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Sunday in the Park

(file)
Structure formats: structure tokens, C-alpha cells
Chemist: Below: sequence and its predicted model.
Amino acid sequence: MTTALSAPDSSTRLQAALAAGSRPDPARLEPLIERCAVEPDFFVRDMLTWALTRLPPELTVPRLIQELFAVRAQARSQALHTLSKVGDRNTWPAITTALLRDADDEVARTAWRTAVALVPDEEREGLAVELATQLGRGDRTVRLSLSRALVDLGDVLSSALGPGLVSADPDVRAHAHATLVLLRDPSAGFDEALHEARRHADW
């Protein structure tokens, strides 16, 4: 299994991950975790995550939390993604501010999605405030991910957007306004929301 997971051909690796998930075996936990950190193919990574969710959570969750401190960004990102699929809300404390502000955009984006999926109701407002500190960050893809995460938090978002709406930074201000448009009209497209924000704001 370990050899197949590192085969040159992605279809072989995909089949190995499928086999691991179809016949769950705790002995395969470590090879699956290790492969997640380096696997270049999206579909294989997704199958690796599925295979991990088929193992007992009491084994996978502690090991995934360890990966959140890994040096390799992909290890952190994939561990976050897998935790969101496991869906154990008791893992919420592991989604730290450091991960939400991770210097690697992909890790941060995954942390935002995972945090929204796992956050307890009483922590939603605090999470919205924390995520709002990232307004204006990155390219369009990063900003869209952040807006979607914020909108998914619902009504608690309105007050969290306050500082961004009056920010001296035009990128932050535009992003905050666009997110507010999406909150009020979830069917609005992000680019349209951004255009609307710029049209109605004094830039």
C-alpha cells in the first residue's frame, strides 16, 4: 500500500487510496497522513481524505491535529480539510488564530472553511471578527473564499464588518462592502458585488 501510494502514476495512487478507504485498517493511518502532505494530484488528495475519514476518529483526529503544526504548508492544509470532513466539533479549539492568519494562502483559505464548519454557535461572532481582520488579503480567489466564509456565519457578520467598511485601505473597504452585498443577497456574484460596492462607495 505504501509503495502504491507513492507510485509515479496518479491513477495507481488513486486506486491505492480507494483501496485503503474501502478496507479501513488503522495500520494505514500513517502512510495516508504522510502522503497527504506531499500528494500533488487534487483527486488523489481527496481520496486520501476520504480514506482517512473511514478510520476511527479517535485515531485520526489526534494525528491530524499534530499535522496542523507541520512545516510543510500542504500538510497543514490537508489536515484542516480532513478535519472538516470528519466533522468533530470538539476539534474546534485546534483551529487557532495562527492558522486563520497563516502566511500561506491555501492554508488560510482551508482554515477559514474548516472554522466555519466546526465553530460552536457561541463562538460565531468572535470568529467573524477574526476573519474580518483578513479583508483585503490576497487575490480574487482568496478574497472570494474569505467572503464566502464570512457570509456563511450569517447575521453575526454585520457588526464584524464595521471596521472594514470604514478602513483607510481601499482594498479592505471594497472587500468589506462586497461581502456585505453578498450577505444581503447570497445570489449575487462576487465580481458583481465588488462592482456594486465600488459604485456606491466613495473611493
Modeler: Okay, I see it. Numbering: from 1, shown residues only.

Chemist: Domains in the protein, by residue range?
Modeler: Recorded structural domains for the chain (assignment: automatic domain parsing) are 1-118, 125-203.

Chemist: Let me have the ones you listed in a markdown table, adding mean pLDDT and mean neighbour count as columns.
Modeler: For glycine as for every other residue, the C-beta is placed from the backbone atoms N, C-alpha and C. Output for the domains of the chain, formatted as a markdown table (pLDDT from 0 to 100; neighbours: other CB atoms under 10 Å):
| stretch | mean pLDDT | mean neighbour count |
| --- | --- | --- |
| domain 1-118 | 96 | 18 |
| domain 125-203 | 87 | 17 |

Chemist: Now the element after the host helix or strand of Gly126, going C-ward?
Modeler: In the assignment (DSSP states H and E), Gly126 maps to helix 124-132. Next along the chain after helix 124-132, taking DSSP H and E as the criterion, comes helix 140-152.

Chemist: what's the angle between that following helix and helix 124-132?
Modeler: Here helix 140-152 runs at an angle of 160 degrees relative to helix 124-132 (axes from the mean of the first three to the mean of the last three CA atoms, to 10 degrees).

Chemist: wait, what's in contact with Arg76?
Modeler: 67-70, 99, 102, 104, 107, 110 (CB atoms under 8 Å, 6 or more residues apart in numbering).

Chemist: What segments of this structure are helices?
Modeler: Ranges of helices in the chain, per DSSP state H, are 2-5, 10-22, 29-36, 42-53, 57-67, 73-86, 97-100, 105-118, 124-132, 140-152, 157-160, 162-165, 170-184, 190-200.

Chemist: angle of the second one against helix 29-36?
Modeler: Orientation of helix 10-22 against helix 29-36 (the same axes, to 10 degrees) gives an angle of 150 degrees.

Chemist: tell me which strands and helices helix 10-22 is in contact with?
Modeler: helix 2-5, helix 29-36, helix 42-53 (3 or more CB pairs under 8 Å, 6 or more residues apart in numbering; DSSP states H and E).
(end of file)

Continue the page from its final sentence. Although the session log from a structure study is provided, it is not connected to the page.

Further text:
About this same time each year, I recall a sermon delivered by a Lutheran minister at my church in Lake Tahoe. I adored this guy; I remember talking to him about my hesitancy to become a member of the Lutheran Church and he gave me a grand explanation that may or may not have done ol’ Martin Luther proud. He told me being Lutheran was like one of the Christian jackets he could have put on. Many of them would have fit, he explained. He didn’t especially believe every single tenet that old-school Lutherans did but he thought it was a good place to worship and serve. He suggested I take the same approach. Yes, this was the early ’70s and religion was on a serious downswing. Making his church accessible and attainable was the right pitch. Pastor Green. My kids still remember him, even though we only went to that church two years before we moved to Park City. My children sat by his feet for the children’s sermon Sunday after Sunday and had starring roles in the Christmas pageant. (A bleating lamb and a shepherd with a lisp.) In the days when such things were in no way suspect, he picked them up and hugged them and showed them they were loved. It was a safe place for me, then a single parent. A safe place surrounded by loving people. So the messages Don Green came to share with us were powerful. He was the first minister I ever heard touch on social issues. He suggested we check our bigotry at the door one Sunday and proceeded to preach about race relations. There were sermons about fair pay, women’s rights and the homeless. This was not Garrison Keillor’s father’s Lake Woebegone Lutheran Church. Which is what kept me there those two years. And the first Sunday after Thanksgiving, Pastor Green would deliver his "Let Advent be Advent and Christmas be Christmas" sermon. It was, on its face, rather simple instead of spending the next few weeks in a house fully decorated with the tree trimmed and gifts wrapped, spend the time preparing, really preparing, for the miracle of the birth. I think we could go so far as put candles in our windows, adding one each week to help light the way, but the idea of tricking out the house and buying the largest tree to decorate was off the altar, so to speak. The first time I heard that sermon I was so very, very young. And impressionable. I could prepare in my heart but the kids needed a tree early and as a single parent my job was to overcompensate, all the time. I bought the tallest tree I couldn’t afford and dragged it into the house under the cover of darkness. I put it up that first week in December and we decorated it and then, for almost four weeks, I told my preschool children that Christmas was coming in this many days. Anyone who has ever had children knows any time frame beyond a week is incomprehensible to small children. And the fact they blurted out to Pastor Green, in boastful, youthful voices at one of those children’s sermons, that WE already had OUR tree, didn’t help. Pastor Green in his wisdom smiled, and hugged them just the same. We were all exhausted by the ebb and flow of anticipation. And by the time the actual holiday came around it was reduced to celebrating commerce more than Christ. The second year I heard the sermon, I was just a wee bit older and had been a single parent for nearly two years. I still tried to overcompensate but I think I listened better. I put our tree and decorations up only two weeks before the holiday. It seemed to manage all our expectations a bit more. And we created an advent wreath at church and put it in the center of the dining room table and added a candle each Sunday. We talked about the baby Gees, which is how both children came to abbreviate and lisp his name. My son added tiny robots to the manager scene because the baby had no toys. My daughter made little straw beds for the animals. Pastor Green found that all age-appropriate. I never once heard him scold anyone’s modified belief system. It is so hard to realize that was 30 years ago now. The children have children of their own. They don’t attend any church with any regularity. They are happily married and thoughtful parents. And without any discussion, I have noticed they don’t put a tree or decorations up until about two weeks before the holiday. And instead of showering their children with toys and clothes, they limit their gifts to a few very special things. In fact, my son has requested I limit my gifts for his children. And it’s true, last year the now-four-year-old, Mz Iz, looked up at her Dad Christmas morning mid-opening and said, "I don’t need so many things." And she was, of course, profoundly correct. None of us need so many things. So I will try to rein in my desire to give the grandchildren each special toy I come upon in a store or catalog. I will fill my house with sweet smells and bright candles and yes, the tree and decorations. But I hope, come Christmas Eve, when we are in my living room with new jammies and hot cocoa, I will remember that the sacred part of the holiday is about taking the time to prepare and open your heart to the joy that is the season. And I will start by lighting just one candle against the darkness, this Sunday, in the Park


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